This made me think for days - I found many Verses and chapters in the Quran on this very topic - I've
concluded that God Created all humans - we are all equal before him except by our piety.
How do you see the mosque compared to churches and temples? And do you find any
similarities you found in the role or status of the imam and priests?
The first noticeable difference between the two would obviously be the lack of chairs in the mosque.
I found that being no issue as I never liked sitting on those hard benches in church.
The total respect and character a Muslim presents in the Mosque stood out for me. You could walk
into any mosque around the world and feel the same "vibe" which to me symbolises unity - Visiting
different churches, there is definitely a different feeling you get at each one. Each church represents
their same message differently. Each mosque represents the same message the same...
At church there is a hierarchy of priesthood which is well structured and respected by the
community. I found the same level of respect in Muslim community with the difference in example
- If the Imam would be ill the day, then anyone most knowledgeable could step up and deliver the
Islam is very flexible on that regard.
How did u choose your Muslim name?
I've embraced Islam in the period of Hajj and close to Eid Al-Adha. I was familiar with the story of
Prophet Abraham and found it to be a very solid name.
All my family and 'friends' still call me by my birth name: Etienne (French name)
I take no offence to those as I can't expect them to accept the change I had to make by the will of
Allah. Changing name is not a prerequisite when embracing Islam, but it definitely opens others eyes
to the fact that this person with a new name is making a very strong statement.
I've had many interesting conversations with people whom thought the Ebrahim on the other side of
the phone line is not whom they expected to see in person - and this is some form of Dawah in my
Tell us a bit about yourself, work and family. Are u married?
I love the outdoors, enjoy hiking and mountain biking. I am also a keen carpenter and the family’s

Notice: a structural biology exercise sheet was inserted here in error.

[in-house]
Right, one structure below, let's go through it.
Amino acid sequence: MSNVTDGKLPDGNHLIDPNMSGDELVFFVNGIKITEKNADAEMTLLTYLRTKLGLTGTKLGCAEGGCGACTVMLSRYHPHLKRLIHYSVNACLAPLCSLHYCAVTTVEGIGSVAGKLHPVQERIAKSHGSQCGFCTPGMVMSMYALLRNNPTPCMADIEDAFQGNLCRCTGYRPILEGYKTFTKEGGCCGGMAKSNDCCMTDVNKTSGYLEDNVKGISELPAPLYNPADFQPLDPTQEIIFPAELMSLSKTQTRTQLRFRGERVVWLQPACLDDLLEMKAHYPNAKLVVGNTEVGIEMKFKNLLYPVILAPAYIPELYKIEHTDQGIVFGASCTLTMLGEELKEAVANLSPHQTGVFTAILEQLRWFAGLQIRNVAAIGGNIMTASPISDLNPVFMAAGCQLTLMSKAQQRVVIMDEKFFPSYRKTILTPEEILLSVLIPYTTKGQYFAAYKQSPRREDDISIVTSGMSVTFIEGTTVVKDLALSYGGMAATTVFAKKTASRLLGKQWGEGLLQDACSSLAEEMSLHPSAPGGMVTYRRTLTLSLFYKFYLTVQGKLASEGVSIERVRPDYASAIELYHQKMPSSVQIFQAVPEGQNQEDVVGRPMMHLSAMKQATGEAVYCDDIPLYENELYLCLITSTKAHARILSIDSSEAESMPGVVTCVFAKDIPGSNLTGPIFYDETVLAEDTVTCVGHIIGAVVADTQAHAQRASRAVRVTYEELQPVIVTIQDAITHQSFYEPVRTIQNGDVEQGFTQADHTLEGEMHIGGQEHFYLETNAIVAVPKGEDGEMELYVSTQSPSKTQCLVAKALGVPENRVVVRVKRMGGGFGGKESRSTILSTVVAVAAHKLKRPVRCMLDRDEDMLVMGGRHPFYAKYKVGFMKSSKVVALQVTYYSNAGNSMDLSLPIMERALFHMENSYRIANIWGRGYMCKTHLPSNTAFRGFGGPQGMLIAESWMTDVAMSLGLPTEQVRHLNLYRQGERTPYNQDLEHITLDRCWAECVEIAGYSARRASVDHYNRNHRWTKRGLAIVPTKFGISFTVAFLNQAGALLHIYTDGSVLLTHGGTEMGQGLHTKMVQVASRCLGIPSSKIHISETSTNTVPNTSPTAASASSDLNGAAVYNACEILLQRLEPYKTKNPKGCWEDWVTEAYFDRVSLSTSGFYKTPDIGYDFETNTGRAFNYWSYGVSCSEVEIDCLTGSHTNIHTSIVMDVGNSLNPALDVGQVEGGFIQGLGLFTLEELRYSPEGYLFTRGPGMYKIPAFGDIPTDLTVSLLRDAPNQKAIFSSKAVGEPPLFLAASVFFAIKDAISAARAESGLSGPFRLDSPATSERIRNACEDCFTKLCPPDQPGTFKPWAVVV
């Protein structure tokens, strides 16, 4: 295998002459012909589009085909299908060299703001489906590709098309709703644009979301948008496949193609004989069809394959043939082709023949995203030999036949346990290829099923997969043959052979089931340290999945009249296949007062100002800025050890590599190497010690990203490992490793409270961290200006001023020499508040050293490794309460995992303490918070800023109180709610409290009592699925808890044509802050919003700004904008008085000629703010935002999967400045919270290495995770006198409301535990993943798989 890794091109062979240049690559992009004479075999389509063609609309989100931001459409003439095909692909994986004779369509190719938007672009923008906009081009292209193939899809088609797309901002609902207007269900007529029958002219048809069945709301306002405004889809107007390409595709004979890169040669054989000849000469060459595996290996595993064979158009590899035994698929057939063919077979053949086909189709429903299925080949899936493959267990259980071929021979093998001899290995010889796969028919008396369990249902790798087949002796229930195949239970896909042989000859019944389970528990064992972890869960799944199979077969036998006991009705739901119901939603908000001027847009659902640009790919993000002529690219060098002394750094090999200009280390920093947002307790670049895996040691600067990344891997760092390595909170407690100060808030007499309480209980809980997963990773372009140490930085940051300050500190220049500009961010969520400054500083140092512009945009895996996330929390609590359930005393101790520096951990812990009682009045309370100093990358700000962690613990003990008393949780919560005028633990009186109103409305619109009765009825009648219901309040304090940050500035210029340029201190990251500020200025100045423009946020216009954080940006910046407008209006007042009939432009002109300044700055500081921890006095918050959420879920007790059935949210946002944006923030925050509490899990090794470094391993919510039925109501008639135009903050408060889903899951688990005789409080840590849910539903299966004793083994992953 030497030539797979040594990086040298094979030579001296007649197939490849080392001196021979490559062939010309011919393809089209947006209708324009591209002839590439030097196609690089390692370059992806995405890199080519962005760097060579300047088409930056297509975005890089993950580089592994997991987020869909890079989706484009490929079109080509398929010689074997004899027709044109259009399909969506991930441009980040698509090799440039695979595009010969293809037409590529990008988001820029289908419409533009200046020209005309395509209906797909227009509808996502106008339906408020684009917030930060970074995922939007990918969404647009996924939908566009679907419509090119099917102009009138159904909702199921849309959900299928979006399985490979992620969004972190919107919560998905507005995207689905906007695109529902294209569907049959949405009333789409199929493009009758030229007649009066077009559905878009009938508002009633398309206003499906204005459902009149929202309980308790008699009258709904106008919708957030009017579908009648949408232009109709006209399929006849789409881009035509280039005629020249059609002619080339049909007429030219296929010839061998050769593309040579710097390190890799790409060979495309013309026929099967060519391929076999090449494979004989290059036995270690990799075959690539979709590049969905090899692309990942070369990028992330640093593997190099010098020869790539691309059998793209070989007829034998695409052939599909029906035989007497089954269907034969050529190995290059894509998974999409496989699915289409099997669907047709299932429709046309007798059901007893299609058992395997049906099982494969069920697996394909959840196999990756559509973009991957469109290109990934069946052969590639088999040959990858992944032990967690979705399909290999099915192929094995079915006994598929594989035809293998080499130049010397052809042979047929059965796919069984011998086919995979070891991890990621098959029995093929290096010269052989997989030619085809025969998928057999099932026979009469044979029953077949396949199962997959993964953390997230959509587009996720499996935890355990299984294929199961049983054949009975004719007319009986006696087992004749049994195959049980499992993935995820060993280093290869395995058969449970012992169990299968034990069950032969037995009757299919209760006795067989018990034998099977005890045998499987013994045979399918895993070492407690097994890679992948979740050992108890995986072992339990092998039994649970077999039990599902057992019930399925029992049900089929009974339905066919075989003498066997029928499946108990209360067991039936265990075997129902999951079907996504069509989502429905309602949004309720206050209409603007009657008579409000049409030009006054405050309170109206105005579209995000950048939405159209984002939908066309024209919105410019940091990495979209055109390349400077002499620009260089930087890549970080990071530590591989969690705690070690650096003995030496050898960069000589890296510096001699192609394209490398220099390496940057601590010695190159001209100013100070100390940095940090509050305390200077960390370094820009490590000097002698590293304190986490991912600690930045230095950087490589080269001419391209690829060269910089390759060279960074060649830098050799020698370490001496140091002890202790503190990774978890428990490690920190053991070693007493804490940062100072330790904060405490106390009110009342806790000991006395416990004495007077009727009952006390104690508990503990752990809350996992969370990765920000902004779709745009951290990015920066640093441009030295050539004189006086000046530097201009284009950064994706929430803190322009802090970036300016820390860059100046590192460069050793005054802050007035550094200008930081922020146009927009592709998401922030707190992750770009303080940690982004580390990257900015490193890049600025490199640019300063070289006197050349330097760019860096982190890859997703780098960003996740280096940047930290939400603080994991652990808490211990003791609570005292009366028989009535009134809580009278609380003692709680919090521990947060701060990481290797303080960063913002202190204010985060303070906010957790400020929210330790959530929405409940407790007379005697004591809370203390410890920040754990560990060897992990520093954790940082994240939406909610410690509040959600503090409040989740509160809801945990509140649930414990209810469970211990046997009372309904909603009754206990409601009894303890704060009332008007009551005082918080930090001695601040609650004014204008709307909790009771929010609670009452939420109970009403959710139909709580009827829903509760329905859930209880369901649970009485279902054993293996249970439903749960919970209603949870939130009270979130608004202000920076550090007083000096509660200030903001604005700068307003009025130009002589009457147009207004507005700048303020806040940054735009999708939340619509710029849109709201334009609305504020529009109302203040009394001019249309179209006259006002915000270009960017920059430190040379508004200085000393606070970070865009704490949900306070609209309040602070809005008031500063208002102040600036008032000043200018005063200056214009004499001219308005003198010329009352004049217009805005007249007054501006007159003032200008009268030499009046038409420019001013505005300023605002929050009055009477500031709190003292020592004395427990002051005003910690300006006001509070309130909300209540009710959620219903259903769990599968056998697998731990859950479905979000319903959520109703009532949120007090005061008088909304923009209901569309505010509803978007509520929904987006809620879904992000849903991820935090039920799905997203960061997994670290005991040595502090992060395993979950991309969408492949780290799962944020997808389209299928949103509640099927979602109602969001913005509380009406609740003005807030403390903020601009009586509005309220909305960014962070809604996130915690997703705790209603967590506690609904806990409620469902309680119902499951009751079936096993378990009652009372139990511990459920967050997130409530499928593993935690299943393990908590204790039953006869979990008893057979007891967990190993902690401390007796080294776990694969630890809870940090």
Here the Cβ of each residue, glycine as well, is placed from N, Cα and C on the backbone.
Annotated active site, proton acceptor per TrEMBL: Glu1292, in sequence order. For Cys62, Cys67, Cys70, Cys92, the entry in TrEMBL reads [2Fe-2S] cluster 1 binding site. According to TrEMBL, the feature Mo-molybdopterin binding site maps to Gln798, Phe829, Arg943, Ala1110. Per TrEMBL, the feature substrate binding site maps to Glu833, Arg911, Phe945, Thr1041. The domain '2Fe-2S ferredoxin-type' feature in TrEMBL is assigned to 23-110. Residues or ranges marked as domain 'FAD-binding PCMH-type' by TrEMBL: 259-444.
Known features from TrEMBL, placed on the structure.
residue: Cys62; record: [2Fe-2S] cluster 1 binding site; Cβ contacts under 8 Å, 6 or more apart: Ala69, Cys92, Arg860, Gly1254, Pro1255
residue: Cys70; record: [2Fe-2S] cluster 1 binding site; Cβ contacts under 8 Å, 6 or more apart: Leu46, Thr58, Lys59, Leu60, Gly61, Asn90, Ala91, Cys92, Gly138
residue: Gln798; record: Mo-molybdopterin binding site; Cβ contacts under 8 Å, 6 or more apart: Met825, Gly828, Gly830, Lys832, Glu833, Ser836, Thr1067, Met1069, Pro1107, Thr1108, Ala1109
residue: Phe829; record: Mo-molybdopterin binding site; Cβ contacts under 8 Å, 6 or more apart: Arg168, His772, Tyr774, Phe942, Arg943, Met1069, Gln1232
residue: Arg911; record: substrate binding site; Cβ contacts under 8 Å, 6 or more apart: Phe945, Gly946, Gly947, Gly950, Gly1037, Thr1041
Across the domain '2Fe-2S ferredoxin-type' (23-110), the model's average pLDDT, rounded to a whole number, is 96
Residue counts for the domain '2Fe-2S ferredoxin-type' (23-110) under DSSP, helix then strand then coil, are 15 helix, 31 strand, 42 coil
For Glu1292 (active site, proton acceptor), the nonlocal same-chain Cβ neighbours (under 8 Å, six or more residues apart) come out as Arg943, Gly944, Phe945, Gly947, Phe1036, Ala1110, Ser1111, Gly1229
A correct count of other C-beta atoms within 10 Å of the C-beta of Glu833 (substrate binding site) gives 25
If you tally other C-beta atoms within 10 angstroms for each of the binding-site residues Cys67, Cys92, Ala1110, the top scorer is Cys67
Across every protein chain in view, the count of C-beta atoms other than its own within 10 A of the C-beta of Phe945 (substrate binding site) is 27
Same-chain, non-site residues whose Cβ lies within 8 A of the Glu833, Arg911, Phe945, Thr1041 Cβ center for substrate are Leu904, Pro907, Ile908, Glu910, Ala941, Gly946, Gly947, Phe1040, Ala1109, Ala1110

local DIY guy.
My wife is my foundation. I've known her since 1994 (We shared the same classroom at school,
but never dated back then) we remained good friends until we got engaged in 2002. We've been
married since 2005. Our family have grown with two siblings.
Mea - she is 4 years old and Aaron - he is 5 months old. (At the time of writing)
How did u get involved in Silat?
I was sitting at Stegman Rd Mosque one Friday and the Imam announced a form of Martial Arts
presented at the Mosque. This was fascinating to me as in Christianity; Martial arts were always
frowned upon. Possibly because you can't have martial art without accepting the spiritual aspect
Most Eastern Martial arts have a Taoism/Buddhism spiritual aspect to it.
What is your experience of Silat thus far? Do you have experience in other martial arts? And
how far do you see yourself taking your Silat training to?
I use to do Tai-Chi, it was slow and calming – but not as 100% fulfilling as Silat is to me. When I
started with Silat, the spiritual foundation I discovered is Islam.
This was great as I was not prepared to take on a martial art without having some spiritual
I intend to continue with Silat training for as long as Allah spares me. I would like to see my children
learn the art - if not from the school, at least from myself.
Silat Pukulan Melaka is a Malay Islamic art. Do you find this to be true and how does this style
Training is opened and closed with Dua and reciting the first chapter of the Holy Quran. We also
make salutations on the prophet Muhammad (peace be upon him) after class.